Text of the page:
That legendary football coach of Notre Dame, Knute Rockne once summoned his players before a game and said, “The team that won’t be beat, can’t be beat.” Rockne was not here proclaiming the strength of Jesus for his players. He was appealing to uncommon courage and strength and persistence that lie within each of us. Many of us engage the game of life without our best effort, settling for something just below our actual capacity. Tremendous effort to overcome life’s difficulties is rare, people often accepting defeat easily, naming what is possible as impossible. These are not the challenges Paul speaks of. Paul lifts his eyes to something higher still, to what is impossible were it not for God’s strength.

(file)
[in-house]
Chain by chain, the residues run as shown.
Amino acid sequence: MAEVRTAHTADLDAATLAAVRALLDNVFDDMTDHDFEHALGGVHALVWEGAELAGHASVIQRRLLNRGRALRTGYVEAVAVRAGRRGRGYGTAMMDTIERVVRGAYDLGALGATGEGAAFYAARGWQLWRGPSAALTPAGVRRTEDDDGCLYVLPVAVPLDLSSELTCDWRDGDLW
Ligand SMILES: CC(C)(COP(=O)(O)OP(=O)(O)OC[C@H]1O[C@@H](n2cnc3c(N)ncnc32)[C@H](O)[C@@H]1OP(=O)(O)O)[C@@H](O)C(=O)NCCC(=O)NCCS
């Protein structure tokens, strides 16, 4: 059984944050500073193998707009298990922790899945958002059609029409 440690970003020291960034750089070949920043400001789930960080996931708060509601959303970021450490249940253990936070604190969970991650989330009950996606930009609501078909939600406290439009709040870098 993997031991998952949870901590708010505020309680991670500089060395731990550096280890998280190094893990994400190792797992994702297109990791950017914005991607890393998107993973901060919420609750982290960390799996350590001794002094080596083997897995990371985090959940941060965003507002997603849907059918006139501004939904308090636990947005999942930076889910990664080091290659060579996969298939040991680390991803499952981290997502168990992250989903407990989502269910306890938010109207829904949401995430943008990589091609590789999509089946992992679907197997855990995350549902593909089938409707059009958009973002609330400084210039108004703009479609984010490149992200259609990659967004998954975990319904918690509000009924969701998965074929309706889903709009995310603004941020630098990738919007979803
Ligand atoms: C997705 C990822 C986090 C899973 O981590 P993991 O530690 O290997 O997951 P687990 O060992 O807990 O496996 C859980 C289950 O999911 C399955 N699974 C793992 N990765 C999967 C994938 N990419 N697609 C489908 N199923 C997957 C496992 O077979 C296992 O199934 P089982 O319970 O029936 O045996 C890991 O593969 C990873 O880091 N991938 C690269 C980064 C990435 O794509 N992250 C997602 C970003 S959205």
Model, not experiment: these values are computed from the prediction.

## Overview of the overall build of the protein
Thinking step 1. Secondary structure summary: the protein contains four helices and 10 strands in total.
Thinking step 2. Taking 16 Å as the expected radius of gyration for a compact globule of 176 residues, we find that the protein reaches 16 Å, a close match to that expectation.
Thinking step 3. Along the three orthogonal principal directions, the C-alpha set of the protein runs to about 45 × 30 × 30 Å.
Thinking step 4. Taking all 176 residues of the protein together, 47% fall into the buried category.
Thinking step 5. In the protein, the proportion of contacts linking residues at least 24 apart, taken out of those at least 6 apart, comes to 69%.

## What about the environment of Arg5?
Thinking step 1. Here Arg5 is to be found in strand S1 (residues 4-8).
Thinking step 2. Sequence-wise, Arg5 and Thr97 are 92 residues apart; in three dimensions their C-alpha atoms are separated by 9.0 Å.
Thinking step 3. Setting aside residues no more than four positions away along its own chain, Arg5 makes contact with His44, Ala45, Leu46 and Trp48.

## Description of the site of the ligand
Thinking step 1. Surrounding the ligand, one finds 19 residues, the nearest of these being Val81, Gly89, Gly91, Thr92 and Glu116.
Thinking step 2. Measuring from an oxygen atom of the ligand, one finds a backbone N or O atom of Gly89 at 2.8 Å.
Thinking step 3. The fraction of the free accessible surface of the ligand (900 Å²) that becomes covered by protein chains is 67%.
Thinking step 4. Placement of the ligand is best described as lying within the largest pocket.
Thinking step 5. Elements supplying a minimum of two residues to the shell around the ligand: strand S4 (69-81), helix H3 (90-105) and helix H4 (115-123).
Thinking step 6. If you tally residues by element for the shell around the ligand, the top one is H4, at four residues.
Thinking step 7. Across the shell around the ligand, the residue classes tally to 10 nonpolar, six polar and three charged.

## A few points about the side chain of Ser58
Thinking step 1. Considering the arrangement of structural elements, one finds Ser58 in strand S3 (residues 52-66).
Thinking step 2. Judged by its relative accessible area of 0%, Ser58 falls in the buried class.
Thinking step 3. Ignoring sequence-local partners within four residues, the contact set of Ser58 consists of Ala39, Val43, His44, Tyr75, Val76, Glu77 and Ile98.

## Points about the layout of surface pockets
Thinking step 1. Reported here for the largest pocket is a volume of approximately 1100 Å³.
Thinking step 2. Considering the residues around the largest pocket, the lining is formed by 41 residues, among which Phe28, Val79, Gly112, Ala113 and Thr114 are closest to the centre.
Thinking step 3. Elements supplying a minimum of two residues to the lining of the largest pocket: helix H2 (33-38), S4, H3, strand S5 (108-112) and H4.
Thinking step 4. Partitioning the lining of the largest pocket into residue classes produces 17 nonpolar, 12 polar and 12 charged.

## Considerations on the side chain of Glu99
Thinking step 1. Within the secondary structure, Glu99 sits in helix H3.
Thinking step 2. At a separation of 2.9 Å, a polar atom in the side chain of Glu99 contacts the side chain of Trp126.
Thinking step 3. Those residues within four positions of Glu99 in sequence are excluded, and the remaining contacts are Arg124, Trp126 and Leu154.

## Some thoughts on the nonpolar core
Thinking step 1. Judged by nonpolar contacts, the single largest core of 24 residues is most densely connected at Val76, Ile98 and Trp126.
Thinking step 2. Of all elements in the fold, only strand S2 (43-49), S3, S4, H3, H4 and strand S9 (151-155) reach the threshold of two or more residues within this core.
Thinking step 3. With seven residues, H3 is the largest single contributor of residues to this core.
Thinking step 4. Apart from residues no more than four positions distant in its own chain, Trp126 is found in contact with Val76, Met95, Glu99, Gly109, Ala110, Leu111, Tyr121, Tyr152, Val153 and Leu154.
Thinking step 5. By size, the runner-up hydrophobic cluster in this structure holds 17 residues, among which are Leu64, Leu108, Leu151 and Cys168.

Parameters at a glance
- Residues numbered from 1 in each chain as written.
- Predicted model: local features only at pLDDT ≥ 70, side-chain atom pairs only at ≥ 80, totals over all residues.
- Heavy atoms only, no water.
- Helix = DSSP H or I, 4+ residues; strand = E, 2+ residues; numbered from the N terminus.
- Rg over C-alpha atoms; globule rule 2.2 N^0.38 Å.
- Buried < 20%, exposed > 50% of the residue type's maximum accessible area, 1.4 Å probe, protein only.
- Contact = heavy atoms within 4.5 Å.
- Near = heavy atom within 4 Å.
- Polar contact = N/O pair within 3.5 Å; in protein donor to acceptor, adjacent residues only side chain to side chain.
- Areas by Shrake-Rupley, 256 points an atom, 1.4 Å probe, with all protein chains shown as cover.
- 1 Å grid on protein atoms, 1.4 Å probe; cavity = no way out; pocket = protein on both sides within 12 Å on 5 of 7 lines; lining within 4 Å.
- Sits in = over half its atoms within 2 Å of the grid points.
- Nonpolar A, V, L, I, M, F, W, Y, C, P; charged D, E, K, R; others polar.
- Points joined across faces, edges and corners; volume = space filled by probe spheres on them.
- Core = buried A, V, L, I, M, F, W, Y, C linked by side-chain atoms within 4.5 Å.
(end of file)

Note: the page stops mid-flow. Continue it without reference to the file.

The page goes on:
Paul continues this discussion beyond the words printed above. He asks, “Does it sound as though I am bragging about all the challenges I have faced?” “I am!” Yet, Paul quickly states that he brags not to showcase his ability. Paul brags to demonstrate the wondrous work of Jesus through him. There are doors that we cannot walk through and storms we cannot endure on our own. That is when we make every difficulty an opportunity to lean into Christ and draw from Christ’s strength. The strength that sustained Paul through every force that sought to stop his ministry is available to every one of us. In our hearts we may ask, “Can I endure?”  Paul gives answer, “In Jesus, we are unbeatable.”




“Am I trying to win over human beings or God? Or am I trying to please people? If I were still trying to please people, I wouldn’t be Christ’s slave.”

Galatians 1:10 (Common English Bible)